"I went out to Far Rockaway last week and saw workers who are afraid of losing their jobs sitting at the ends of dark hallways and kids laying on the floor with blankets," said Linda Caswell, a policy analyst with the Day Care Center Council of New York. "People were trying their best to stay open. I didn't see lights on. Workers are afraid to lose their jobs if they don't show up."
DC1707 Executive Director Raglan George now wants the New York City Council to investigate the entire EarlyLearn program. Of particular concern, according to George, the status of tax payer dollars earmarked for new EarlyLearn programs that so far have been unable to open because they still don't have the necessary licenses from the Health Department almost two months after the new program's official launch date.
"We have checked some of the sites where they gave money and they're not even open," George said. "This mayor claims to be the mayor of all New York, but he's not. It's a crime what he's doing to the children of working families."
Several day care programs that have been awarded contracts through EarlyLearn also reportedly face the possibility missing payroll in the next few weeks.
"With all of these failures, you'd think that there would be some kind of ongoing investigation into why it failed and why it should be pulled back," George said.
That's exactly what Dr. Karen Daughtry would like to see happen. After 40 years of successful operation, Daughtry and the leadership at the Alonzo A. Daughtry Memorial Day Care Center in Brooklyn saw their programs taken away through a disputed scoring process that is now being challenged.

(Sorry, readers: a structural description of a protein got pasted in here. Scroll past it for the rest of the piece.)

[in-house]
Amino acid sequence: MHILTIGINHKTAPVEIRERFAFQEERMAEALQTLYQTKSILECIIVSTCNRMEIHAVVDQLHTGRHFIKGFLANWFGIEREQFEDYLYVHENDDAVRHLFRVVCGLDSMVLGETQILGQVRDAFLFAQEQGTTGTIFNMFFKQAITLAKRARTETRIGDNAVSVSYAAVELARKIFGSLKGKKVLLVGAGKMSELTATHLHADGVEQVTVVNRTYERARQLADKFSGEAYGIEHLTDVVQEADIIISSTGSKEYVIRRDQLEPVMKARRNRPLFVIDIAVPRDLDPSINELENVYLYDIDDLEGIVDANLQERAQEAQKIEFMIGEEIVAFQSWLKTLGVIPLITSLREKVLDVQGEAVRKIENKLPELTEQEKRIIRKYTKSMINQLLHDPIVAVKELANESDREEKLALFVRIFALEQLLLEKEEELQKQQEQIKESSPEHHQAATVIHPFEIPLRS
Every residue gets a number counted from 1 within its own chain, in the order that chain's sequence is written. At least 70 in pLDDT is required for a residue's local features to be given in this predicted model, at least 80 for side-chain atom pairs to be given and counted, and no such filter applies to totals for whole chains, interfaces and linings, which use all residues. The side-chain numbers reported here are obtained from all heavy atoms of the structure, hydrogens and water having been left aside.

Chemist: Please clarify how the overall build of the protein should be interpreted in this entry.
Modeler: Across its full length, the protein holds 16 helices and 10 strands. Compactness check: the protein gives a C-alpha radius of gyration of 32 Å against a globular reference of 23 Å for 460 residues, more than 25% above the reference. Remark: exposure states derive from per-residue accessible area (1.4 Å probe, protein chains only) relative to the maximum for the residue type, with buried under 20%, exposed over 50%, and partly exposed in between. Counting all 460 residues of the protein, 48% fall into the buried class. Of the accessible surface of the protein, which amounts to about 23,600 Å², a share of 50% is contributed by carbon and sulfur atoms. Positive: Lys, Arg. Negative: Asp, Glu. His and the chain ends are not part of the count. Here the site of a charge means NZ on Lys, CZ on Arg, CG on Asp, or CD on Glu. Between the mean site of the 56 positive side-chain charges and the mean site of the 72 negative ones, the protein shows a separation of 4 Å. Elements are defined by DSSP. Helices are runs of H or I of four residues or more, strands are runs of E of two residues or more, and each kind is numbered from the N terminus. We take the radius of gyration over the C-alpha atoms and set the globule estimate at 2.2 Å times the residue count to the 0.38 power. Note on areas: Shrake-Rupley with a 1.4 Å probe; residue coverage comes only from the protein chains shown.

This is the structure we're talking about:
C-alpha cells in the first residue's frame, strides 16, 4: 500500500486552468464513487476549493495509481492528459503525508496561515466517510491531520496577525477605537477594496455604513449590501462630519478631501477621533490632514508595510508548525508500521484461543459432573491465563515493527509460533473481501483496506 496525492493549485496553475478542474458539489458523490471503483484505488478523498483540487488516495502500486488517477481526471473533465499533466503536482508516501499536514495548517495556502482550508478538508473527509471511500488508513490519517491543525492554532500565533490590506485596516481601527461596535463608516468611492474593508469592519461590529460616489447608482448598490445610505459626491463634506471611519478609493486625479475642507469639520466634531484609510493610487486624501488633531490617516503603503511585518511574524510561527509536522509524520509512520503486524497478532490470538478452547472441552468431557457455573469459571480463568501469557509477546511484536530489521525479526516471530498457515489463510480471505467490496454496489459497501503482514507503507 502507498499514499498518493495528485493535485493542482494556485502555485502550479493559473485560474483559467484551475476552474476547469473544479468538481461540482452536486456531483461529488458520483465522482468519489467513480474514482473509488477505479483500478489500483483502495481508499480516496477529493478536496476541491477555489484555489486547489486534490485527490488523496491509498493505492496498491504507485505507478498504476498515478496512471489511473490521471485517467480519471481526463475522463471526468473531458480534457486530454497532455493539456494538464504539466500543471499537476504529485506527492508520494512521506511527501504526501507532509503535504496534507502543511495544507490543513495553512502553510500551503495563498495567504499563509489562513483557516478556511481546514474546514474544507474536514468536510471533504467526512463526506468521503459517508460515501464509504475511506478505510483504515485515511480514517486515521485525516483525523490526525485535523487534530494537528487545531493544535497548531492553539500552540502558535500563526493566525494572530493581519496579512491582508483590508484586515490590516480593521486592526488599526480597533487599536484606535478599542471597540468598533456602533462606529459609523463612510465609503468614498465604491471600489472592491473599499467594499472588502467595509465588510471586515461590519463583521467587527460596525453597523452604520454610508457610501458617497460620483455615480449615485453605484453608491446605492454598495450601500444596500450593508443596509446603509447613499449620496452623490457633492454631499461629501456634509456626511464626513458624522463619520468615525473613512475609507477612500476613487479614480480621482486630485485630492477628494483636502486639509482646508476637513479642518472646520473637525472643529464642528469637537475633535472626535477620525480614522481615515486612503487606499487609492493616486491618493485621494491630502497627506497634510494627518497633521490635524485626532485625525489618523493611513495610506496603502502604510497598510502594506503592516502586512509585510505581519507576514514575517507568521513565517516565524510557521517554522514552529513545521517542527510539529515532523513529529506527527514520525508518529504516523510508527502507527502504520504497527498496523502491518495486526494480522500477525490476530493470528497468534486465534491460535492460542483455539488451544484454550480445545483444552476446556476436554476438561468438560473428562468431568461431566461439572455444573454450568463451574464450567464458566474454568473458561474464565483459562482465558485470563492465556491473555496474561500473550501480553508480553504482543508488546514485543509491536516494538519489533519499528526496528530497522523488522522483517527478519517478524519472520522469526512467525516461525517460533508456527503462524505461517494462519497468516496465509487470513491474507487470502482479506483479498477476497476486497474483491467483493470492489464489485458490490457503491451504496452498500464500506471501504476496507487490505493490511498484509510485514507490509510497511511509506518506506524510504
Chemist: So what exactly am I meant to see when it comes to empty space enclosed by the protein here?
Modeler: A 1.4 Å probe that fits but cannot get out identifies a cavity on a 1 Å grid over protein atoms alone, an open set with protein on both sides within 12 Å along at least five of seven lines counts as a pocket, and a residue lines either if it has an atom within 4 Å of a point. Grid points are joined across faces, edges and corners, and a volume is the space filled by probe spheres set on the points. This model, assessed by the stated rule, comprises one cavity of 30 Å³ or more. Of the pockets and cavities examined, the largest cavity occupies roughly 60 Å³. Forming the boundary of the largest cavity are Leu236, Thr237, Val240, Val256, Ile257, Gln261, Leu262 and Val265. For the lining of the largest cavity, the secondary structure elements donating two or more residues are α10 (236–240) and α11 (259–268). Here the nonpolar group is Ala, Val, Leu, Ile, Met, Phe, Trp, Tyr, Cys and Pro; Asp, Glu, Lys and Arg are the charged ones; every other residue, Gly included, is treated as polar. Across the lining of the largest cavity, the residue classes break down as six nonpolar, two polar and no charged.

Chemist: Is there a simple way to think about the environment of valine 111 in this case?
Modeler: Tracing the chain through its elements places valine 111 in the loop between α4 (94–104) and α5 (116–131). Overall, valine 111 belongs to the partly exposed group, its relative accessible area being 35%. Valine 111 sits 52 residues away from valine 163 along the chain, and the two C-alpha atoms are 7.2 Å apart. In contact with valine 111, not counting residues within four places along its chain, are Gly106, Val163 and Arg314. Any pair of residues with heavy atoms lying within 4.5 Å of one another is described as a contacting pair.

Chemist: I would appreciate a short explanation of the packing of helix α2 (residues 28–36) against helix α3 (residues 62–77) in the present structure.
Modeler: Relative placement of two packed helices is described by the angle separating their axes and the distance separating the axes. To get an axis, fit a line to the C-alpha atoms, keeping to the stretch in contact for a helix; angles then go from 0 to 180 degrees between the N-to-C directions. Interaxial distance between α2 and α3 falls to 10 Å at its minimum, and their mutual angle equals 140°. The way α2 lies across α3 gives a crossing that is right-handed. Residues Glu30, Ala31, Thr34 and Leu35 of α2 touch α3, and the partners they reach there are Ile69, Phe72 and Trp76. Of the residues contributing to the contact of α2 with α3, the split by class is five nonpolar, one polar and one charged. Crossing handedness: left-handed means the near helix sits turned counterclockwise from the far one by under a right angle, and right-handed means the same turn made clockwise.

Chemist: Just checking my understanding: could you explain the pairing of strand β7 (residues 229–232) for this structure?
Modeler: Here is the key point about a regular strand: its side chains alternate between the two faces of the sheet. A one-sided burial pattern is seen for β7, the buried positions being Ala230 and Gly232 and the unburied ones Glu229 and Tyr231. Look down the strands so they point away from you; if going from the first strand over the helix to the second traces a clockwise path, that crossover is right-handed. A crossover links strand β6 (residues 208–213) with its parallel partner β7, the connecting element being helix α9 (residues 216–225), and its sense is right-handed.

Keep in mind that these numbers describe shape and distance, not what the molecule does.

"ACS needs to go back and dismantle Early Learn and put it back to the way it was because it was not broken in the first place," Daughtry said. "Let us go back to child care in this city that we know works."
Councilmember James said the mayor's EarlyLearn program has always been about two things: real estate and union busting.
"I'm hoping that the next mayor will recognize child care as a priority, and that this is a union town, the councilmember said.
Local 205 President Mabel Everett said that the lives of her members have been "torn apart" by both EarlyLearn and Hurricane Sandy.
"Hundreds of well qualified, competent child care professionals are now seeking unemployment or forced to require public assistance because they're being denied unemployment," Everett said. "I am also concerned about the number of Head Start and subsidized day care centers closed by Hurricane Sandy. I am concerned for the parents and the children who do not have access to quality care that they have depended on for generations in Far Rockaway, Coney Island and Staten Island. I have not heard from the city. They're on their own."
DC1707 President Kim Medina charged the billionaire New York City mayor with trying to "decimate the working class."
"What do you do as a parent who has no place to put their child?" Medina said. "The only choice a single mother has is to quit her job and stay home. The Bloomberg administration complains that there's too many people in the [welfare] system. Well, he's creating [conditions] for the system to become larger."